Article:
Friday Mar 04 2011
International dinner brings taste of Africa to Auburn
By: Bridget Jones, Journal Staff Writer
Learning language in Lesotho important experience, speaker says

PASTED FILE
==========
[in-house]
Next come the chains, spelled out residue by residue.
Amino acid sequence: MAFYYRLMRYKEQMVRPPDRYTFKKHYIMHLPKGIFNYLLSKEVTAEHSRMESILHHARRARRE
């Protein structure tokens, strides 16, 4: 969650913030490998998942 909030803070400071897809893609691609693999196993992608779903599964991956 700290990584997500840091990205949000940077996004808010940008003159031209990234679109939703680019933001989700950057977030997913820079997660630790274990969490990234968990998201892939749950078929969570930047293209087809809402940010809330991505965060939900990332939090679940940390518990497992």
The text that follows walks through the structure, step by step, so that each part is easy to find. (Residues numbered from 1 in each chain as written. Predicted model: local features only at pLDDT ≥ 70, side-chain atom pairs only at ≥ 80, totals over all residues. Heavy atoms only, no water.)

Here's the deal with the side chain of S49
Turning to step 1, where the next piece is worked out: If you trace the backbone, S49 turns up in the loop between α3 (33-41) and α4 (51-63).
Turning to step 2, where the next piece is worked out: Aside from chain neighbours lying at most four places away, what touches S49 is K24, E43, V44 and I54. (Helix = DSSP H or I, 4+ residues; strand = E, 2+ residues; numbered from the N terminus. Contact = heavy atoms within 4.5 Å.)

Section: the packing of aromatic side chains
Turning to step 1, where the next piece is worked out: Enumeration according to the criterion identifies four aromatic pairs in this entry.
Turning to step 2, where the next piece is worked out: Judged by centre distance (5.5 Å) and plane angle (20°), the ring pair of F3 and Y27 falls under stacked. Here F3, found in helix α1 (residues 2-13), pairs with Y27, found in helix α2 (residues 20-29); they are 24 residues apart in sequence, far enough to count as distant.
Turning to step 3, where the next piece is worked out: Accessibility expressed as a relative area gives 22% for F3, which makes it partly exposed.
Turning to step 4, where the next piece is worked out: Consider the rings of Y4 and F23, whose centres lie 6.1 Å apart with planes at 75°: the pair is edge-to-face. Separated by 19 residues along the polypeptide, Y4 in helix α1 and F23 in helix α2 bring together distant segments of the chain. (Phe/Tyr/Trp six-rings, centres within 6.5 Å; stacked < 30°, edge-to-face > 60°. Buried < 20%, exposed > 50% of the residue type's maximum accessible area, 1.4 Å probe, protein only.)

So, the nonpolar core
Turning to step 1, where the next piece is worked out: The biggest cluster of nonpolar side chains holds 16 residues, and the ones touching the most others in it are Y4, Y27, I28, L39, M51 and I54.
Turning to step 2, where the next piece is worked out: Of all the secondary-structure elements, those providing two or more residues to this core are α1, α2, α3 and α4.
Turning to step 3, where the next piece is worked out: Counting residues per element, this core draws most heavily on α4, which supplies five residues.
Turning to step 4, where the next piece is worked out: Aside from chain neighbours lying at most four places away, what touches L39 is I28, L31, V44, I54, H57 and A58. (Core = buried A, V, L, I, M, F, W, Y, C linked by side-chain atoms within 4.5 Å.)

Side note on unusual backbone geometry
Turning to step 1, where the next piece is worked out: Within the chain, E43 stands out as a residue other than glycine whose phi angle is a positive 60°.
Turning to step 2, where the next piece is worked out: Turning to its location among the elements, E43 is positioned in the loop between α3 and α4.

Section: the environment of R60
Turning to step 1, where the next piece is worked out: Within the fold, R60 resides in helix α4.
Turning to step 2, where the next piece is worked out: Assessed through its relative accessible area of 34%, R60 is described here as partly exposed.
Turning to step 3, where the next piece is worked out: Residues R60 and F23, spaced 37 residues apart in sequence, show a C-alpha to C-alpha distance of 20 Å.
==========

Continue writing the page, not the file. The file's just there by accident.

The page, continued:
An upcoming Auburn dinner will give attendees a taste of life in South Africa and Lesotho. The American Association of University Women Auburn Branch is hosting its annual international dinner at 6 p.m. March 11 at the First Congregational Church of Auburn. The dinner will feature a presentation by Oakland residents Corinne, 29, and Colin Hoag, 30, who spent three-and-a-half years in the African country of Lesotho as Peace Corps volunteers and in South Africa as students. “We have a family member who is a part of the (AAUW Auburn Branch),” Colin Hoag said. “But once we heard about it we were really excited about the opportunity because it’s really pretty rare that we get to engage people in the topic. There is a tendency that I have noticed for Americans to be pretty insular … that Americans tend to not be concerned with the world outside of the borders of the U.S., and I think that’s problematic on any number of levels.” The American Association of University Women, which began as the Association of Collegiate Alumnae, was founded in January 1882. The Auburn branch was chartered in April 1949, and was the 66th branch in California. Today it has 100 members, according to Pat Kessler, co-chairwoman of the international dinner. Three of the branch’s charter members, Gina Akers, Glyneth Cassidy and Helen Francis, are still involved with the group, Kessler said. Kessler said the dinner started as a study group for the women of the branch. “I think the feeling that Auburn was not San Francisco, or not a (big) city, they wanted to be interested in international relations,” she said. “(They wanted) to get speakers who would make Auburn perhaps a more broadly educated group.” Peggy Dunievitz, president of the Auburn branch, who has been a member for 48½ years, said she always enjoys what the dinners have to offer. “It’s just a lot of fun,” Dunievitz said. “Lots of good food, nice people, a chance to socialize and then our speakers or programs are always stimulating and interesting. I’m just thrilled one of the speakers is a grandchild of one of our members, and I’m looking forward to hearing her and her husband.” Hoag said he and his wife have a variety of sub-topics planned for their presentation. “We will be talking a little bit about our own experience as Peace Corps volunteers in Lesotho – just as kind of a way to let people know how we have come to know this place,” he said. “And then we are going to give a brief historic overview of the South African subcontinent. I think it’s really important to understand what is happening today in South Africa. It’s really important to understand some of these dynamics such as how Europeans came to settle the continent.” The couple plans to talk about the anti-Apartheid struggle from 1950-1994 and how the post-Apartheid population is still struggling with things such as nationalism and citizenship as well as discouraging labor migration. Hoag said one of his favorite things resulting from his time in Lesotho was learning the language. “I suppose as a person in a foreign land … learning to speak Sesotho was really eye opening and really important for me,” he said. “I think anyone who has learned another language has noticed the ways language can serve not only as a vehicle for ideas but can represent a broader way of seeing the world. When you learn a word … as a concept in itself that speaks to some aspect of broader Lesotho culture, that is really exciting.” Hoag said his wife speaks the language as well, and locals were always surprised. “For so long in South Africa it was not the case that whites spoke African languages generally, and indeed Africans were actually taught Afrikaans,” Hoag said. “And this was a source of contention during the anti-Apartheid struggle. Afrikaans was a way to essentially create a labor force … that could serve the white South Africans well. So, for that reason, I find it really fun to speak Sesotho in South Africa. I always find it fun to elicit that reaction.” Hoag said the couple hopes to have photographs as part of its presentation, and he is excited about the dinner. “I guess I would just say that I think it’s really great that the AAUW is putting on this kind of event and that they encourage this kind of engagement, this kind of conversation,” he said. Reach Bridget Jones at firstname.lastname@example.org ------------------------------------------------------- AAUW international dinner When: 6 p.m.-dinner, 7 p.m.-presentation, March 11 Where: First Congregational Church of Auburn, 710 Auburn Ravine Road Cost: Free, bring a potluck dish RSVP: E-mail Pat Kessler at email@example.com ------------------------------------------------------- AAUW Auburn Branch efforts The Auburn Branch of the American Association of University Women is working to continue education for women. “Currently Auburn Branch AAUW sends five to seven seventh-grade girls from the Auburn area to one-week camps at various universities,” said Pat Kessler, past president of the branch. “This year UC Davis will host our girls on marine biology. The focus of this camp is S.T.E.M., Science Technology, Engineering and Math. We offer local graduates of Placer Union High School District scholarships to attend community two-year colleges or four-year colleges.” Peggy Dunievitz, president of the branch, said the group’s goal is to help young people get a good education. “We are interested in promoting education, especially for women,” Dunievitz said.